If you’re a regular visitor to the Uncommon Sense Investor website or, better yet, a subscriber to our free newsletter, you’ve noticed we produce original content through videos and blogs.
We also curate investment research, and aggregate articles and investment newsletters that we think are of high quality and of value to investors.
With the latter in mind, we present a bevy of interesting charts courtesy of the free daily newsletter of well-known value investor, author and avid mountaineer and extreme sports enthusiast, Whitney Tilson, who runs Empire Financial Research.
Based on research from hedge fund manager Mark Spiegel of Stanphyl Capital, there’s a compelling case to be made that the major U.S. stock market indices and, more specifically, technology stocks are in a bubble of epic proportions.
Some of the froth has come out of Tesla et al recently but the extreme valuations don’t necessarily mean the bull market is over. In fact:
The Nasdaq Composite Index in 1997 and 1998 had three corrections of 17 per cent or more and eventually rose fourfold before it peaked in 2000, such was the irrational exuberance of investors back then.
Here are some excerpts from Tilson’s newsletter which quotes extensively from Spiegel’s work, bearing in mind this was originally published on September 2:
So our short positions have obliterated the profits from our long positions, and yet when this bubble pops we’ll be glad we have them.
The dichotomy between our longs and our shorts is well illustrated in this chart showing a record divergence between the performance of “growth stocks” vs. “value stocks,” yet I believe that as has always happened in the past, this will mean-revert in our favour:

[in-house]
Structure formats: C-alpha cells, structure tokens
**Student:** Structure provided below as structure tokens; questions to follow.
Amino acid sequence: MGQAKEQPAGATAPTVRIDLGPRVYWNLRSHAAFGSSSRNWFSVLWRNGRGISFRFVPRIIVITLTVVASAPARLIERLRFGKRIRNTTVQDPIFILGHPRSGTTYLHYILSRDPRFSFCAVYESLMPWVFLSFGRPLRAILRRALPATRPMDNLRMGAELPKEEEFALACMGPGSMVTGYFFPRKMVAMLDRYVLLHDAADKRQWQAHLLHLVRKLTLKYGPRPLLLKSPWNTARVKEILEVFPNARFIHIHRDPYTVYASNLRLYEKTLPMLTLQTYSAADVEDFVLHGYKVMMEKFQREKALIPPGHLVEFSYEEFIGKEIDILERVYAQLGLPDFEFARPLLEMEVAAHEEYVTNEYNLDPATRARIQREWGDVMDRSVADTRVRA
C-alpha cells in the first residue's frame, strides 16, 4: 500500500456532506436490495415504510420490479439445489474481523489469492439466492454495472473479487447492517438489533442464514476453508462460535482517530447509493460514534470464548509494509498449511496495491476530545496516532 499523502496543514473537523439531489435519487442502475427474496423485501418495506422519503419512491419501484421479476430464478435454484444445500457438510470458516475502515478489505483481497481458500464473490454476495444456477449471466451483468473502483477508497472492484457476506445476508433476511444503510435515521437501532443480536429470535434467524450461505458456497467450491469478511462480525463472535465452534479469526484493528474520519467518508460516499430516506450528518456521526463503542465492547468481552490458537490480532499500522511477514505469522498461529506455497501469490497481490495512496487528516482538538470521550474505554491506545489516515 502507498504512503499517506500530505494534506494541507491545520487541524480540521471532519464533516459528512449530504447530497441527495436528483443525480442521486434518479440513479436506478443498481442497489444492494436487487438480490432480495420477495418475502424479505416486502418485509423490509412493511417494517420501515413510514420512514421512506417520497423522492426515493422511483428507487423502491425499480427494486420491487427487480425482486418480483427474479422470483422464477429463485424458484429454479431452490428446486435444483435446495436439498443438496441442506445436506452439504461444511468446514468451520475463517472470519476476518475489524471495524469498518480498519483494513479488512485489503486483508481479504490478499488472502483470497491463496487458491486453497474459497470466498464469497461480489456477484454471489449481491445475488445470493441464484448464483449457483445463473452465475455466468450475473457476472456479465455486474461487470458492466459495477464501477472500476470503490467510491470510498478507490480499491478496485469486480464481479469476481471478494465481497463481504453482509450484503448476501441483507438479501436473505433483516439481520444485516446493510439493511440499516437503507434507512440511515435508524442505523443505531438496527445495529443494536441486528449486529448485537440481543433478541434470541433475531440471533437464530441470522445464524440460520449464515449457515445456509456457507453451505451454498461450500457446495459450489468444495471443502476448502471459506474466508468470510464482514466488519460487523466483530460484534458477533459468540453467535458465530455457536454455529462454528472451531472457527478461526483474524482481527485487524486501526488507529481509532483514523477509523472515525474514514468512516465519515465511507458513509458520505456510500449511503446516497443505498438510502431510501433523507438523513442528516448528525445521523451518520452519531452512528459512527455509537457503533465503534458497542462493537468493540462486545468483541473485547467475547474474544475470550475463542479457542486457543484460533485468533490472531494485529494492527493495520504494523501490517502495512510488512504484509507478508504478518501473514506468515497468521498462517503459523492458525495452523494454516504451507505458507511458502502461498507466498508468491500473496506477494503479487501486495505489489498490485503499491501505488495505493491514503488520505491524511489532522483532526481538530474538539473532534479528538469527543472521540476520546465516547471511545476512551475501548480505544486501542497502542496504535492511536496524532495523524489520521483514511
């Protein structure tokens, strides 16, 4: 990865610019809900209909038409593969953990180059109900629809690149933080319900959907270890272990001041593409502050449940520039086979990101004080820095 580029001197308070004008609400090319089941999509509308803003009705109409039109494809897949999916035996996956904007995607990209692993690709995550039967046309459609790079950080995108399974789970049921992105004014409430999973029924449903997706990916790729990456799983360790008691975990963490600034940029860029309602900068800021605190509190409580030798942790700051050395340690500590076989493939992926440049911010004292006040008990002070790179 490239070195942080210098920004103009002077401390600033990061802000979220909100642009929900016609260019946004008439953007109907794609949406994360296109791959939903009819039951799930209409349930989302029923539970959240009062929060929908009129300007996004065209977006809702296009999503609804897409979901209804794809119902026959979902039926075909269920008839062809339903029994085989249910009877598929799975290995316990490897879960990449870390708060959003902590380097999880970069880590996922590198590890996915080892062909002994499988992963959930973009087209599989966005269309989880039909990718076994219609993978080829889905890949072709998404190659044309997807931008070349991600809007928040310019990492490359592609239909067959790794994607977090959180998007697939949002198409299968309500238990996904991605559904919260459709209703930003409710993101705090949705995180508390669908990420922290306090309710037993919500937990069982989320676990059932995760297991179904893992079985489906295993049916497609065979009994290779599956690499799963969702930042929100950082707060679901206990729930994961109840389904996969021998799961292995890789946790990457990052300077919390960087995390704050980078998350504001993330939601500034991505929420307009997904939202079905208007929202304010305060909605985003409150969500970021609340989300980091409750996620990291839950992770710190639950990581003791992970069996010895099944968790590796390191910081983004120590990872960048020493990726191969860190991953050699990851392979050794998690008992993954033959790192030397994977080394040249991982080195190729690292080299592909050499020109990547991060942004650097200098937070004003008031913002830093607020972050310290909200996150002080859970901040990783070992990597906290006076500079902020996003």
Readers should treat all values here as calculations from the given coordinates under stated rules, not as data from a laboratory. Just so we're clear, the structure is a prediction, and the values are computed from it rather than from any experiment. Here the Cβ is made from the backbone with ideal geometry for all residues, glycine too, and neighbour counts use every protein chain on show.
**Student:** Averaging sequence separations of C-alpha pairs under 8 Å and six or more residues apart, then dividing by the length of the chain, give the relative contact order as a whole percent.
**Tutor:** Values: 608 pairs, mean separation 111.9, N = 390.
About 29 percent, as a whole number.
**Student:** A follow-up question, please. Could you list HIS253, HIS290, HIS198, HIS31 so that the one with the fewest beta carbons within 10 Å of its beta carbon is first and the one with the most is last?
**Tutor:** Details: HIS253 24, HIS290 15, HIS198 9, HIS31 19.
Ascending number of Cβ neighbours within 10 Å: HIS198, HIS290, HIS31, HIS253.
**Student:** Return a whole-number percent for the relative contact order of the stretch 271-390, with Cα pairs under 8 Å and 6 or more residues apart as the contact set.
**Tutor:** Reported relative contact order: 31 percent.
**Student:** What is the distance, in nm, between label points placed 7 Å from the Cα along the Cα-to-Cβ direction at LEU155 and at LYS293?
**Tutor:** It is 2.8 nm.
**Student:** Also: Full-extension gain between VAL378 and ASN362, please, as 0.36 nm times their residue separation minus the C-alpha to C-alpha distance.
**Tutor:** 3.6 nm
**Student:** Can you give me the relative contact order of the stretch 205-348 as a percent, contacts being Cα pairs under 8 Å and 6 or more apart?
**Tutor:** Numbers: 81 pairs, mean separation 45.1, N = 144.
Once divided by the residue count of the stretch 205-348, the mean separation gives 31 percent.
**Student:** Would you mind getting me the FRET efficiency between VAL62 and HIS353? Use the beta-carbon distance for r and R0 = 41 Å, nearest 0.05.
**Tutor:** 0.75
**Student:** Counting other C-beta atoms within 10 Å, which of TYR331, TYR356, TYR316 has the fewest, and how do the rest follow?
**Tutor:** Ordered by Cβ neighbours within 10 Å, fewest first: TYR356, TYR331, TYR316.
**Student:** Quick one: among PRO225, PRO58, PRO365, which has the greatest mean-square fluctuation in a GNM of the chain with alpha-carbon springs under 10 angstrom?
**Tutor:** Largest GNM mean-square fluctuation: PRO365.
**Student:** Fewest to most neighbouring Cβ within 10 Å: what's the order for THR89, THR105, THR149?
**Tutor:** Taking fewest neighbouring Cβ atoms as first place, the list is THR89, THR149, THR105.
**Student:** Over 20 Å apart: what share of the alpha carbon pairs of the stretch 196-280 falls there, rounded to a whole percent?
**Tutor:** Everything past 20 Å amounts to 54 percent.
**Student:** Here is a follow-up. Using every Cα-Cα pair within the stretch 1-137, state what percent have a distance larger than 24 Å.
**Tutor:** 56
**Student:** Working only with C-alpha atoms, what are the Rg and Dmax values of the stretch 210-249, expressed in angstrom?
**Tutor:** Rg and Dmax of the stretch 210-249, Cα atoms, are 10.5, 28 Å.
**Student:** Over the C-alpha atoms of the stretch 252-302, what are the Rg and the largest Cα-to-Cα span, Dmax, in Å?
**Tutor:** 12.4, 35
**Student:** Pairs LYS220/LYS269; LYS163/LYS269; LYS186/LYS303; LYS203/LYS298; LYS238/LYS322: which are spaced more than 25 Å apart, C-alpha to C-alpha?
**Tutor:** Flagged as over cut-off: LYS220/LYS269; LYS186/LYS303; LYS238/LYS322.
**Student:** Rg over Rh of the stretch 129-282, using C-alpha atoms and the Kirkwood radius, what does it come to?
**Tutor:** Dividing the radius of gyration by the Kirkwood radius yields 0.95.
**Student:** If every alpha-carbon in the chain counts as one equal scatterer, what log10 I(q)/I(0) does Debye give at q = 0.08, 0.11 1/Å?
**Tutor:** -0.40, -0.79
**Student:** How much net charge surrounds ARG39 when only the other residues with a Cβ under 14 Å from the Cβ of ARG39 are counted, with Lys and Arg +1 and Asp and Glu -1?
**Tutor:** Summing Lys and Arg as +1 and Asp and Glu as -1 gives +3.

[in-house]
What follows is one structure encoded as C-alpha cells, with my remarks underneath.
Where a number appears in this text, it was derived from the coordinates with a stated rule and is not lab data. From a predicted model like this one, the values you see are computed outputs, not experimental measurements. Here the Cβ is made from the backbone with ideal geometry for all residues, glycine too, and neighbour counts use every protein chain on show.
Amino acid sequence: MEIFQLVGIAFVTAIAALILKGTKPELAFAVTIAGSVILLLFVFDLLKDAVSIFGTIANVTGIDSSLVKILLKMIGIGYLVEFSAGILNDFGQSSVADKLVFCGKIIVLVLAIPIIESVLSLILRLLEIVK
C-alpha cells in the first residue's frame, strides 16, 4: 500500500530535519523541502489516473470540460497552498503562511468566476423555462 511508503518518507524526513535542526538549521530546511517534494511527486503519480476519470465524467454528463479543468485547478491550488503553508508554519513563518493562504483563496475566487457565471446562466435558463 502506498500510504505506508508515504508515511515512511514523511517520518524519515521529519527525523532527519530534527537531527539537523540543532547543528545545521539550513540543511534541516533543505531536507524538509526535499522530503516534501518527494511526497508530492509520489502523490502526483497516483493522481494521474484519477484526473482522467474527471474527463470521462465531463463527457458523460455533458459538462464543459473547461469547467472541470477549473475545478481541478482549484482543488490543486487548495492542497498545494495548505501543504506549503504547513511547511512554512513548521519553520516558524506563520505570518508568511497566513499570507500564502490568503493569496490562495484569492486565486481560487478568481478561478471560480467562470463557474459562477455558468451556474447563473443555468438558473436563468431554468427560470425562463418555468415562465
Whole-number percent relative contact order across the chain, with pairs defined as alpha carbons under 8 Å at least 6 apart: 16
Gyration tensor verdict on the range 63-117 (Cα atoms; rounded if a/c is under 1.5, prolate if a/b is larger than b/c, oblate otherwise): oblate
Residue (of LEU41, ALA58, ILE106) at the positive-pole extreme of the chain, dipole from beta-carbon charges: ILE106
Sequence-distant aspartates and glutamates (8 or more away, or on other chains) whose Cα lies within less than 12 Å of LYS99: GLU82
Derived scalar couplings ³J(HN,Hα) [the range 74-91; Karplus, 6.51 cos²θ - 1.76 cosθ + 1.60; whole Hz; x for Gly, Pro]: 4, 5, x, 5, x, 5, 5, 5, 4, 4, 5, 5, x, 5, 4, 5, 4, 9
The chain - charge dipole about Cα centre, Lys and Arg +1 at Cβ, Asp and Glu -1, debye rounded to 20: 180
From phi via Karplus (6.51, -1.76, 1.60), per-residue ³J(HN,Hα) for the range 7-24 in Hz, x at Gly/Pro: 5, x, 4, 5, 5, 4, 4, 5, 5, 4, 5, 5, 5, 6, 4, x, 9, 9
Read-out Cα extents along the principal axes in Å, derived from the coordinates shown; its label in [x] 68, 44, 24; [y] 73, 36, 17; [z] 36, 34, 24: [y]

Later, Spiegel explains why he’s maintaining a large short position in the Invesco QQQ Trust (QQQ), an exchange-traded fund that tracks the Nasdaq 100 Index:
I have a “near-term reason” and a “long-term reason.” Near-term, bullish speculation is (literally) off the charts: for the last two weeks the Put-Call (options contracts to buy at lower or higher prices) ratio for Nasdaq 100 constituent stocks closed at the extremely low (i.e., “complacent”) level of 0.42 and intra-day today it hit 0.21, which may be the lowest level ever.
Meanwhile, @SentimenTrader points out that call option buying as a percentage of NYSE volume far exceeds that of the 2000 bubble era…
… while @hmeisler shows us that Citi’s Panic/Euphoria index is well into “Euphoria” mode – by far the highest it’s been since the bubble peak in 2000 (when it hit approximately 1.5):
Valuation-wise, on a forward [price-to-earnings] basis, the S&P 500 is now at the peak of the 2000 bubble…
… while as a percentage of GDP the S&P 500 now exceeds the 2000 bubble’s peak…
… and the broader stock market (the Wilshire 5000) hugely exceeds the 2000 peak:
And from @ISABELNET_SA we can see that available buying credit (cash) in customer accounts as a percentage of S&P 500 market cap is down near the level it was at the peak of the 2000 bubble…
… while as @Fxhedgers points out, there are almost no shorts left:
So “excessive bullishness & complacency” is the near-term reason why I maintain our QQQ short position.
Medium-to-longer-term I believe the Federal Reserve’s endless money-printing combined with massively profligate deficit spending from both parties in Washington and growth-retarding levels of debt will return us to an environment similar to the stagflationary 1970s; i.e., slow growth and high inflation (which we got a hint of this month).
In that environment, high-flying stocks (such as the QQQ we’re short) will suffer massive PE multiple compression, and gold (which we’re long) will climb steadily.